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as ever.

la, I think I can read your long concluding word, but you cannot read mine after bidding you good night. And yet, methinks, I mend extremely in my writing ; but when Stella's eyes are well, I hope to write as bad

So now I have answered your letter, and mine is an answer ; for I lay your's before me, and I look and write, and write and look, and look and write again.So good morrow, madams both, and I will go rise, for I must rise; for I take pills at night, and so I must rise early, I do not know why.

25. Morning. I did not tell you how I past my time yesterday, nor bid you good night, and there was good

I went in the morning to Secretary St John about some business; he had got a great Whig with him; a creature of the Duke of Marlborough, who is a go-between to make peace between the duke and the ministry; * so he came out of his closet; and after a few words, desired I would dine with him at three, but Mr Lewis staid till six before he came ; and there we sat talking, and the time slipped so, that at last, when I was positive to go, it was past two o'clock ; so I came home and went straight to bed. He would never let me look at his watch, and I could not imagine it above twelve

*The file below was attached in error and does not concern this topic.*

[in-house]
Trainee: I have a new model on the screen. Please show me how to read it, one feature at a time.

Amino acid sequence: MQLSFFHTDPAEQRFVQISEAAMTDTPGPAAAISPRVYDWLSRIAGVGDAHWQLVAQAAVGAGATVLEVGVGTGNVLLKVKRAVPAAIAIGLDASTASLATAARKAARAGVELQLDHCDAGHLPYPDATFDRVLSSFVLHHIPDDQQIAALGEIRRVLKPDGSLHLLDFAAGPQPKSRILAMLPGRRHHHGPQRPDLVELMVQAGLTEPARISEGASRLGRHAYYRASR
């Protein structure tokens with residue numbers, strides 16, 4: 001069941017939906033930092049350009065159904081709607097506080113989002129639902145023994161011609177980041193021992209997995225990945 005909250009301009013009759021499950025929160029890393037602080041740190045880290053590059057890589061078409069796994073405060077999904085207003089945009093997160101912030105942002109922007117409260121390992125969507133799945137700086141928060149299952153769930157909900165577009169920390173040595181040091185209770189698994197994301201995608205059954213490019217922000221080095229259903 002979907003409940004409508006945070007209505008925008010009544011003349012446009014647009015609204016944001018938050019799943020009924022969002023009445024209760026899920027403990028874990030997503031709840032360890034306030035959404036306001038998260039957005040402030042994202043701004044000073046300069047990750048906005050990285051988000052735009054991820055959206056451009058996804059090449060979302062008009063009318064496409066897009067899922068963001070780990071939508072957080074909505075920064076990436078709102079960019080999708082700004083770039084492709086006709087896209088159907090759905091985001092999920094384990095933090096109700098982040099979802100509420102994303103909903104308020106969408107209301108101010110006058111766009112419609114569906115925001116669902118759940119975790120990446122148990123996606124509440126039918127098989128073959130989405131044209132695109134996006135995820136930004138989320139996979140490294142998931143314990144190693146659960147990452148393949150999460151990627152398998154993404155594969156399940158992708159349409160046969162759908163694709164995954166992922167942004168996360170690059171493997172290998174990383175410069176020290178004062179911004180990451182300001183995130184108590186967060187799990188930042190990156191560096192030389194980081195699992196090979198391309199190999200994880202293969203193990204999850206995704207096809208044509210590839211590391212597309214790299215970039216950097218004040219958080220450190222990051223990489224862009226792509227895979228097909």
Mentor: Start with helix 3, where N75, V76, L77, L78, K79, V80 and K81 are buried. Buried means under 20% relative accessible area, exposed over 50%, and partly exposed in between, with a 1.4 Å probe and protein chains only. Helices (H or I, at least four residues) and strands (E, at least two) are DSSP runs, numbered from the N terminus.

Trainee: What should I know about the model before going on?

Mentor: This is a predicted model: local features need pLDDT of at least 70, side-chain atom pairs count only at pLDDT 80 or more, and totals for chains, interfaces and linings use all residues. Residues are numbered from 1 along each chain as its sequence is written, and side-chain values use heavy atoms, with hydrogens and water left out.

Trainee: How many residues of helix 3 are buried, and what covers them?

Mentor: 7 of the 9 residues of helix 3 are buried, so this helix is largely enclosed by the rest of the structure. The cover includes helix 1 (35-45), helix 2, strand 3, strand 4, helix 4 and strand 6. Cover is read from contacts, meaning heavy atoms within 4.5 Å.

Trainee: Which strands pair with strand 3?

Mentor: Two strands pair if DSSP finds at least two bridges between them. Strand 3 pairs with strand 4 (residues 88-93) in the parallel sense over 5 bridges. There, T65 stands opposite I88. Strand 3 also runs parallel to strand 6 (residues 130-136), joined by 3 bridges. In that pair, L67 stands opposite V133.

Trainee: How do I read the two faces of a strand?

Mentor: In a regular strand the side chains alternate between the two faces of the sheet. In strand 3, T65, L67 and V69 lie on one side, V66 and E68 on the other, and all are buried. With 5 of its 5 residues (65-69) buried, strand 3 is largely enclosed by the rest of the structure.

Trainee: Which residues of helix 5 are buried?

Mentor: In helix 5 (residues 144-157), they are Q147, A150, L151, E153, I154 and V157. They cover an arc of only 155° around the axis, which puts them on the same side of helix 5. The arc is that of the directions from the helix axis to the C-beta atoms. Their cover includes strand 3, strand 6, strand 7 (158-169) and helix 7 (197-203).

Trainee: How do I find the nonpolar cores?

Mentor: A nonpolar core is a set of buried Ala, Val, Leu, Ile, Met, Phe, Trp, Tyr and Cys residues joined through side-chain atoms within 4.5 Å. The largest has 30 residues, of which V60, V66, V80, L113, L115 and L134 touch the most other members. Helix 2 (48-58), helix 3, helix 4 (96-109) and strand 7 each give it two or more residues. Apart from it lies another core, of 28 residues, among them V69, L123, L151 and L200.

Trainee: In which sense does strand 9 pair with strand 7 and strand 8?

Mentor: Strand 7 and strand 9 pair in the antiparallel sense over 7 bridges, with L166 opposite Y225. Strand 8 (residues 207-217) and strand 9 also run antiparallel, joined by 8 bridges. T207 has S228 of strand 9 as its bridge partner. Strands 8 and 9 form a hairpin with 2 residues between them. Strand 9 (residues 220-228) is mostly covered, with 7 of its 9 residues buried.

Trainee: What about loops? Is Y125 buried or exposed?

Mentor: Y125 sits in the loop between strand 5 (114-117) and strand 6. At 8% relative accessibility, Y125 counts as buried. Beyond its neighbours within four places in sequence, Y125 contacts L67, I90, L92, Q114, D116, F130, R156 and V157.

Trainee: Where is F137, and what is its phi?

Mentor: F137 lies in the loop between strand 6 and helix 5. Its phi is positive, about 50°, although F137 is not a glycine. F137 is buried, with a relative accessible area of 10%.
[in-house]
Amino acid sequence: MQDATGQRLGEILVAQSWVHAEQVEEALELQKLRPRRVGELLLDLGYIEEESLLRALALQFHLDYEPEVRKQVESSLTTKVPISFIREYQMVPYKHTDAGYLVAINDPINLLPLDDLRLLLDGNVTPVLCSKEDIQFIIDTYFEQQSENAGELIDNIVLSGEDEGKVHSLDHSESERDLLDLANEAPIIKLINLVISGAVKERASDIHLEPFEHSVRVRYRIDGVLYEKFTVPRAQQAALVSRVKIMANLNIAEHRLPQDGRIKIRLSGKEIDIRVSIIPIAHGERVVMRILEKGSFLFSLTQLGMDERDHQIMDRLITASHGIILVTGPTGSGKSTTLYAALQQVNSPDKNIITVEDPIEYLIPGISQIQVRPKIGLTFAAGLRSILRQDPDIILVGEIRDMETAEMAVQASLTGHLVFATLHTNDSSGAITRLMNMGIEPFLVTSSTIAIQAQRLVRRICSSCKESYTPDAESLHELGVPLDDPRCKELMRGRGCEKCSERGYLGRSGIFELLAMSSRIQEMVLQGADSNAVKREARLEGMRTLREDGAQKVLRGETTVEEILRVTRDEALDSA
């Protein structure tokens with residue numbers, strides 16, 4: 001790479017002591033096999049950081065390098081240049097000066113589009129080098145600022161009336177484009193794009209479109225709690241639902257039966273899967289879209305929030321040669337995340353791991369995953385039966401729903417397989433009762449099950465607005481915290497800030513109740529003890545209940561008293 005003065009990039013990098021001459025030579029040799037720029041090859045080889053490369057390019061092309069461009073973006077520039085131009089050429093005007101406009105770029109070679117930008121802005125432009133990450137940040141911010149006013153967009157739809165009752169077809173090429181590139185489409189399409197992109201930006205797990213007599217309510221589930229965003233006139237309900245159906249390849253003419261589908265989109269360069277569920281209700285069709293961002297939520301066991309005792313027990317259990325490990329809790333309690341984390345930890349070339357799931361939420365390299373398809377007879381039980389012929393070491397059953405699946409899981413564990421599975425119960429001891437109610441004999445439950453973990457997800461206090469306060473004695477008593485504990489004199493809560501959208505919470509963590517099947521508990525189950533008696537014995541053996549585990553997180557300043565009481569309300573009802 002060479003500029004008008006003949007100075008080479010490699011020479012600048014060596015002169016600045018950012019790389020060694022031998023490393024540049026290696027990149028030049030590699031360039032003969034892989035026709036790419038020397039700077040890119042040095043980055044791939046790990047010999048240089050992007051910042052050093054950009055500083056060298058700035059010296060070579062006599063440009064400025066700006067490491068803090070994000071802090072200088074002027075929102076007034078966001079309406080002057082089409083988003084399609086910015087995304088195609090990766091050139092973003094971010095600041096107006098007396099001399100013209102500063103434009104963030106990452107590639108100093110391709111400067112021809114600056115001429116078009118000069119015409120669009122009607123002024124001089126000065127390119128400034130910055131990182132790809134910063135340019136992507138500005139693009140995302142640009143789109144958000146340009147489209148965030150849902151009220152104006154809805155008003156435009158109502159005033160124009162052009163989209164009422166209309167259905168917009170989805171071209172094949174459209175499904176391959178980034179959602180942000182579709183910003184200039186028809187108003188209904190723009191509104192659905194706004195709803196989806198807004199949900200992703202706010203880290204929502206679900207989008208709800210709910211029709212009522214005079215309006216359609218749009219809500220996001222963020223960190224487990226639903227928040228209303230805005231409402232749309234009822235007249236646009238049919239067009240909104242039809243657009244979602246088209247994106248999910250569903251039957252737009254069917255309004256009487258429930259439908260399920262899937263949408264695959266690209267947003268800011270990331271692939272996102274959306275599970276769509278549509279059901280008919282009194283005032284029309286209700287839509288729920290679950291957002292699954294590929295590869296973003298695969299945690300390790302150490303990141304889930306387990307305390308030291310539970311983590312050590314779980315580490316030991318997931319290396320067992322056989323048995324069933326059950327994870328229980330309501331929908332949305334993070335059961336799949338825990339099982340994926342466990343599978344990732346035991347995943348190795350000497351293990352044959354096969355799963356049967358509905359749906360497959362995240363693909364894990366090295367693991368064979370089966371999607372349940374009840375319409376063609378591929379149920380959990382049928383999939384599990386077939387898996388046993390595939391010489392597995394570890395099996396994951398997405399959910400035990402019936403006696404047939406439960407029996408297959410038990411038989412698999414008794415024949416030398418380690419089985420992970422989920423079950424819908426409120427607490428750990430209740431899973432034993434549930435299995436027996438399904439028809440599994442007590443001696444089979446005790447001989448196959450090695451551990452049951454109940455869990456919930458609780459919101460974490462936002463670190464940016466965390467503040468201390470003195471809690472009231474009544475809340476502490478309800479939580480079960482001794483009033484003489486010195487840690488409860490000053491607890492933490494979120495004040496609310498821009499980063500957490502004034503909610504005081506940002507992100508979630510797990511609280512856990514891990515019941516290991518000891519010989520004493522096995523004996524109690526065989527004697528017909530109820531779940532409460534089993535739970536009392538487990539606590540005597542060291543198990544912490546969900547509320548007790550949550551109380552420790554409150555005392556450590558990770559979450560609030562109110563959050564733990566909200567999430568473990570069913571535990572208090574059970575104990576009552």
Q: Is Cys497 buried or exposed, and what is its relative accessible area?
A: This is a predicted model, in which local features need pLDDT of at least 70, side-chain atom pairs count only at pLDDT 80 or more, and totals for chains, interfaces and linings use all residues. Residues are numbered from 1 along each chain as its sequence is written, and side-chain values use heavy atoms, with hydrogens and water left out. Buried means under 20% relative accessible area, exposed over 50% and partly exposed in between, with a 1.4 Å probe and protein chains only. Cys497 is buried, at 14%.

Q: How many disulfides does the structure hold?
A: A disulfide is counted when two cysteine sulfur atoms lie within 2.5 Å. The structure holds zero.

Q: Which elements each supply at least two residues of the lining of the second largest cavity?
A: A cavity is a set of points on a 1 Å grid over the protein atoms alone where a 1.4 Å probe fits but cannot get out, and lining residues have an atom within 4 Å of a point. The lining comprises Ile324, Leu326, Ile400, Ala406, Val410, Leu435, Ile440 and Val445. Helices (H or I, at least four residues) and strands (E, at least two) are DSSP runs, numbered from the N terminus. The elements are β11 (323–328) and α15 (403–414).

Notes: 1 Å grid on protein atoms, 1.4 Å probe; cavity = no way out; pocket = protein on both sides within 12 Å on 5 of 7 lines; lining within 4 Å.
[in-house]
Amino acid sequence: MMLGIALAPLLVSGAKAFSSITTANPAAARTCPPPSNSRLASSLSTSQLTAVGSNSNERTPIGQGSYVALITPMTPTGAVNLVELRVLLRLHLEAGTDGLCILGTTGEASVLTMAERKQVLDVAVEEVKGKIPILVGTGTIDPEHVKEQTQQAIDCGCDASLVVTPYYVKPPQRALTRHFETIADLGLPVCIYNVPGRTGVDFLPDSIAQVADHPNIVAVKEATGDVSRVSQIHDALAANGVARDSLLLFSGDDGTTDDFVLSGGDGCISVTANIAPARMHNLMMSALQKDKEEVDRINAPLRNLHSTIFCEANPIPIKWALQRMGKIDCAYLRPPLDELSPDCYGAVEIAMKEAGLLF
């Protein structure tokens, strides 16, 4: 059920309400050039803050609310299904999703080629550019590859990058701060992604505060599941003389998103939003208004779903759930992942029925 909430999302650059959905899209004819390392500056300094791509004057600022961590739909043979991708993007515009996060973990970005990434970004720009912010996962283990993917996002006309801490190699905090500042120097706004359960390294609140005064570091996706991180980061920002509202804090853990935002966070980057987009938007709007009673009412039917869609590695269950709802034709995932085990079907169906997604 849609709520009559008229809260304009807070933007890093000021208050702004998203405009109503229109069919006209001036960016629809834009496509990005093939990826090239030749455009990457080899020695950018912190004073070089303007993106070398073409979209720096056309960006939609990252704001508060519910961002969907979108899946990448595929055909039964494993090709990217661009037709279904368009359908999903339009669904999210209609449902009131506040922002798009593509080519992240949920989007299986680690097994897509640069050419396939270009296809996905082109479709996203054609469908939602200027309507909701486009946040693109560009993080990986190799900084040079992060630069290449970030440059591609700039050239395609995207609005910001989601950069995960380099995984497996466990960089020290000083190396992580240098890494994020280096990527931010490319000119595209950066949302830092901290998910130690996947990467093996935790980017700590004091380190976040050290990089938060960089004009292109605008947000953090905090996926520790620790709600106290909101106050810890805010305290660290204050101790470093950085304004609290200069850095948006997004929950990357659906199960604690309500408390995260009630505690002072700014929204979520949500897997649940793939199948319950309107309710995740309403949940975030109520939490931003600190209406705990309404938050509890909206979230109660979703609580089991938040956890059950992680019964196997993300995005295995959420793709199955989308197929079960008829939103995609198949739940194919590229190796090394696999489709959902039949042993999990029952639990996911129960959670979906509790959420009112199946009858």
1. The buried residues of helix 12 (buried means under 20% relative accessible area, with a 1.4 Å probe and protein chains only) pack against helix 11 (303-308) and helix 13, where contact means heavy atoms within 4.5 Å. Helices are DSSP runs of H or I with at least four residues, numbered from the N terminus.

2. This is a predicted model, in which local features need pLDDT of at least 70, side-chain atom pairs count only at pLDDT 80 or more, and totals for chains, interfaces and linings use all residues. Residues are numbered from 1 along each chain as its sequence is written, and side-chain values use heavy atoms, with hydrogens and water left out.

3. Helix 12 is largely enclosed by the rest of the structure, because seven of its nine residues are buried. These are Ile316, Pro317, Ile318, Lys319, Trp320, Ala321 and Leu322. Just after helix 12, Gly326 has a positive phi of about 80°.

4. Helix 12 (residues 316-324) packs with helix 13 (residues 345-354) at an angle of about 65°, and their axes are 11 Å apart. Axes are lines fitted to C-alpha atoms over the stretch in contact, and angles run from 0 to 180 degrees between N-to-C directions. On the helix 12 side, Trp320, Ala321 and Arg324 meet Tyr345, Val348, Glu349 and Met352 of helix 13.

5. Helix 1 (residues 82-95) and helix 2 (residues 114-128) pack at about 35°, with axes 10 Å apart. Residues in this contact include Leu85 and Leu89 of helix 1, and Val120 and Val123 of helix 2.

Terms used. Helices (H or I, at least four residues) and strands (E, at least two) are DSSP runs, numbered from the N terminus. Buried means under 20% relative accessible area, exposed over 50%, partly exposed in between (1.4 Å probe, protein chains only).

* It was strongly asserted, that the Duke of Marlborough, to retain his high command and all its emoluments, would have been contented to act under Queen Anne's new ministry. It cannot be doubted, that this would have been highly acceptable to Harley and St John. But all their success had originated in the jealousy which the


had begun to entertain of the Duchess of Marlborough, and in her favour to Mrs Masham. Though therefore the statesmen and general might have subdued their passions to the tone of their interest, this was not to be expected of the rival favourites, of whom neither party was independent.

when we went away.

So I bid you good night for last night, and now I bid you good morrow, and I am still in bed, though it be near ten, but I must rise.

26, 27, 28, 29, 30. I have been so lazy and negligent these last four days, that I could not write to MD. My head is not in order, and yet it is not absolutely ill, but giddyish, and makes me listless; I walk every day, and take drops of Dr Cockburn, and I have just done a box of pills, and to-day Lady Kerry sent me some of her bitter drink, which I design to take twice a day, and hope I shall grow better.